LINCOLN, Neb. (Feb. 15, 2018) – Yesterday, Nebraska Gov. Pete Ricketts signed a bill into law that puts limitations on the storage and sharing of information collected by Automated License Plate Readers (ALPRs) by law enforcement in the state, and places significant roadblocks in the way of a federal program using states to help track the location of millions of everyday people through pictures of their license plates.
Sen. Matt Hansen (D-Dist. 26) sponsored LB93. The new law restricts the use of ALPRs to specific law enforcement functions and places strict limits on the storage and sharing of any data collected by such systems.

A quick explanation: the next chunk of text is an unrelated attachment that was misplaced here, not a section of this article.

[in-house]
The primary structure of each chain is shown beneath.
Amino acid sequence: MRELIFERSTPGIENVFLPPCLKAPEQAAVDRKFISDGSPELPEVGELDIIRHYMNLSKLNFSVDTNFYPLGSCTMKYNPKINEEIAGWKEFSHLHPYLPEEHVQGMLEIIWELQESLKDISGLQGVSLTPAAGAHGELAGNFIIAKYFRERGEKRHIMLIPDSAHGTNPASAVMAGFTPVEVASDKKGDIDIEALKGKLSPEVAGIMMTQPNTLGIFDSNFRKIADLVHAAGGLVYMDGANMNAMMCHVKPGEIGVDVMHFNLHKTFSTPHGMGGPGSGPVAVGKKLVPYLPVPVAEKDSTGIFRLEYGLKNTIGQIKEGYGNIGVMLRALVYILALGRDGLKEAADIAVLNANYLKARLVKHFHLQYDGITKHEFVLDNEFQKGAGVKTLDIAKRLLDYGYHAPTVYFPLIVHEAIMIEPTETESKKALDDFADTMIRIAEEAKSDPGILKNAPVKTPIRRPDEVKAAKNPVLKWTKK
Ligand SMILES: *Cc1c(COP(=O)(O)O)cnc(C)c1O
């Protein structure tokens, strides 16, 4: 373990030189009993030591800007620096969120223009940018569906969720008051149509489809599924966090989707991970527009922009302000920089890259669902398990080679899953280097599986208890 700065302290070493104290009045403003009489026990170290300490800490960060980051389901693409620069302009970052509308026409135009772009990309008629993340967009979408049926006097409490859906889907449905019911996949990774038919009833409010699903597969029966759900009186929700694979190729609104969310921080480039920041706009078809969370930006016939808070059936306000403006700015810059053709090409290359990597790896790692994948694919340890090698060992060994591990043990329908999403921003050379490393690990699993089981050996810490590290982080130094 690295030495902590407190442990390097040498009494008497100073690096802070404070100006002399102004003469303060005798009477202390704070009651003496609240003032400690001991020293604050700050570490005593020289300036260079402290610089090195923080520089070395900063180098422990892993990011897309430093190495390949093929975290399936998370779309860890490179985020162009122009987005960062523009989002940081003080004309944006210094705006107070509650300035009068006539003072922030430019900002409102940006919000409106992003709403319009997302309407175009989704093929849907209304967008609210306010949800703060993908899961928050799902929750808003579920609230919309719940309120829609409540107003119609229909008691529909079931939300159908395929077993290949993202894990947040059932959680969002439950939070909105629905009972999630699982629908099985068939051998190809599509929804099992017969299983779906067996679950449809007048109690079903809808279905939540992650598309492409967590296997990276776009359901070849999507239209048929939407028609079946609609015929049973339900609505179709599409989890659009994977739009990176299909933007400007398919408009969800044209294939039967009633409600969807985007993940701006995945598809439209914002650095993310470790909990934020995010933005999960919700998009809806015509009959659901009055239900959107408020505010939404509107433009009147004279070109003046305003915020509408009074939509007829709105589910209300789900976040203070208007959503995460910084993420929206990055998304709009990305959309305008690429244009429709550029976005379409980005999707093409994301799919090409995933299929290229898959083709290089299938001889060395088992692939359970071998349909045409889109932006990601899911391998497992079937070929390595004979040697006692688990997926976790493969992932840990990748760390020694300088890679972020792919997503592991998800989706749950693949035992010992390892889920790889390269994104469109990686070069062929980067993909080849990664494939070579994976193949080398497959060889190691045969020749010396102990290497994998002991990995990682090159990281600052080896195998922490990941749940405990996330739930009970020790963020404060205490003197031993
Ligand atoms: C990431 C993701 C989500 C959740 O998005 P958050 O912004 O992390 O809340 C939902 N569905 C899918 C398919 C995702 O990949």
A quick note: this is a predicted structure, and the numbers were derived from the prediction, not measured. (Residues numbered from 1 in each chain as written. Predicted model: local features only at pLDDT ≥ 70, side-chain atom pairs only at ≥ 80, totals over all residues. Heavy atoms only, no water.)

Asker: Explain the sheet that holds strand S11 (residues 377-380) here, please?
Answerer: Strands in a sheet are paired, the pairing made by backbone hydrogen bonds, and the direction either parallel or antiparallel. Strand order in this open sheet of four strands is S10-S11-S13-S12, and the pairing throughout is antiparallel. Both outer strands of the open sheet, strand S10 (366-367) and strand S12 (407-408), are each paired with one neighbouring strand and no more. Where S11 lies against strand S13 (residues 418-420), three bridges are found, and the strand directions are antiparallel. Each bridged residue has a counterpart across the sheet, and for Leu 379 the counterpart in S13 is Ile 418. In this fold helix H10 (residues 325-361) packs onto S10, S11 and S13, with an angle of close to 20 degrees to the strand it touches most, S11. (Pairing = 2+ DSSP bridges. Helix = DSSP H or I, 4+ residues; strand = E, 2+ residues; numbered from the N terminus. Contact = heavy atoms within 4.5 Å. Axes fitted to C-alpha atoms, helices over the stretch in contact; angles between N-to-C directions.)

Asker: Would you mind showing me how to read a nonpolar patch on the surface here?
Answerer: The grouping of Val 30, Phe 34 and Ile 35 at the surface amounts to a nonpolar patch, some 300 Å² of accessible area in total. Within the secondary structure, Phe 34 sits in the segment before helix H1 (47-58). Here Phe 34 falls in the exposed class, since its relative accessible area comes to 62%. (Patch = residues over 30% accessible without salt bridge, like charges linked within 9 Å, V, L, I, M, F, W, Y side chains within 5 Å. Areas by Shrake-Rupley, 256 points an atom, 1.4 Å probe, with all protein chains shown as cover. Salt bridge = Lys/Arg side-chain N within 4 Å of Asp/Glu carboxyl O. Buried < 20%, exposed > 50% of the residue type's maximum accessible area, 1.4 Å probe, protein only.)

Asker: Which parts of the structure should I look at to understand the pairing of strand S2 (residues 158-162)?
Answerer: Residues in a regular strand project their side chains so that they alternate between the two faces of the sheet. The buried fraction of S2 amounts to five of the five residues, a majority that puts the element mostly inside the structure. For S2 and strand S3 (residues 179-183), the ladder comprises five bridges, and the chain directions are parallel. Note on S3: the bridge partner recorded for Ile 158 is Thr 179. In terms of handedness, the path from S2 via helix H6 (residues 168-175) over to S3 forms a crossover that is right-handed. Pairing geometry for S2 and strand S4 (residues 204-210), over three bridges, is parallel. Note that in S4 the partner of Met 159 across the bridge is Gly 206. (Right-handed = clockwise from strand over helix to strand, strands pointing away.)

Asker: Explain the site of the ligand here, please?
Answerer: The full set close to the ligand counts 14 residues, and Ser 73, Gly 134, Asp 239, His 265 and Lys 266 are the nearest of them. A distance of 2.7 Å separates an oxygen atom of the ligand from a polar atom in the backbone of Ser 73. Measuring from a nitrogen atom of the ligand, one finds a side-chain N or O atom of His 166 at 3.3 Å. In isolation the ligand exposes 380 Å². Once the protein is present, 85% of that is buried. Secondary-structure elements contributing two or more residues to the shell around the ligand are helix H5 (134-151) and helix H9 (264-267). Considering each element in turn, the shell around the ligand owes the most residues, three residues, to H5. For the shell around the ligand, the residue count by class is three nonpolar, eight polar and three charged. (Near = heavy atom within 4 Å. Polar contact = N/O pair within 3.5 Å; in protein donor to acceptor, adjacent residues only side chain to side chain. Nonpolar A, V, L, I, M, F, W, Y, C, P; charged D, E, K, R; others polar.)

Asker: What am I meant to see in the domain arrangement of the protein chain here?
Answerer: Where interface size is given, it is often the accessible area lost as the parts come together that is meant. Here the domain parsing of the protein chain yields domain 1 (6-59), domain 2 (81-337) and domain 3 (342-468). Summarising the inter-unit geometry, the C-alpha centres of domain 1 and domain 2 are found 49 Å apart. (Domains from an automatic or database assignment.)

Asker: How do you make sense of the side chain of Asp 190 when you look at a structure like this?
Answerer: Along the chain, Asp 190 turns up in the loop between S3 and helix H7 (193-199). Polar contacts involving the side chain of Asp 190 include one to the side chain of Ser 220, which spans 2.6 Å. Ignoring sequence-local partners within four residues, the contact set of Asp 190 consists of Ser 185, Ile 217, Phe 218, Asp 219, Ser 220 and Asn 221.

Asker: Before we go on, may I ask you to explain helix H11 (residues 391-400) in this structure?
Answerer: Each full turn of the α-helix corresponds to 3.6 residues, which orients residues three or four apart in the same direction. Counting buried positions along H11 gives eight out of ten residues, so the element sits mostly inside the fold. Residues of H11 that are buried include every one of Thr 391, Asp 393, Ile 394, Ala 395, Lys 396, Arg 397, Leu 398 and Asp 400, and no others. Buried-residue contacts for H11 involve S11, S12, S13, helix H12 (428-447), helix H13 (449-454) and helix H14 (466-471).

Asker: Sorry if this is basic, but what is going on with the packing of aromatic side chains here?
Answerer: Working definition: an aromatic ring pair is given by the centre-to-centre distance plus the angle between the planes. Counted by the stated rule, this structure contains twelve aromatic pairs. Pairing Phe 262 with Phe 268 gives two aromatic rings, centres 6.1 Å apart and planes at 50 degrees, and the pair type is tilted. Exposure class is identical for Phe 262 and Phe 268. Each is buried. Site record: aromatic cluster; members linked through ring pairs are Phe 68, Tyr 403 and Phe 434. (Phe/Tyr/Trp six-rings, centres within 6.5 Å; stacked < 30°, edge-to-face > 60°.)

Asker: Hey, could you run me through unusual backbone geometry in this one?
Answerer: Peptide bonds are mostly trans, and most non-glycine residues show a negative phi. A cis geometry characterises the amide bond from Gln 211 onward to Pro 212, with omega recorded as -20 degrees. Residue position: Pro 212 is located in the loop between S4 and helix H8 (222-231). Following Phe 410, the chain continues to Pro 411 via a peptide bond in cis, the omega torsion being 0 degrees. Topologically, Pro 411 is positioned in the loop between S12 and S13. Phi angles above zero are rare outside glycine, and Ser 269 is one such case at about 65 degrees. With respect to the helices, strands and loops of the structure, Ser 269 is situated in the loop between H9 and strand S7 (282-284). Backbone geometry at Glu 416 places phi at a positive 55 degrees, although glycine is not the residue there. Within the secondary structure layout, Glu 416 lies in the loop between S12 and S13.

On Feb. 8, the Nebraska unicameral legislature passed LB93 by a 47-0 margin. With Ricketts’ signature, the law will go into effect three months after the end of the current legislative session.
LB93 prohibits the use of ALPRs except for specified law enforcement activities, including locating missing persons, persons with outstanding traffic or parking violations, vehicles in violation of registration requirements and persons subject to arrest warrants. It also allows the use of ALPRs to regulate the use of a parking facility. The law bans bulk collection of license plate data using ALPRs …
Read more at The Tenth Amendment Center
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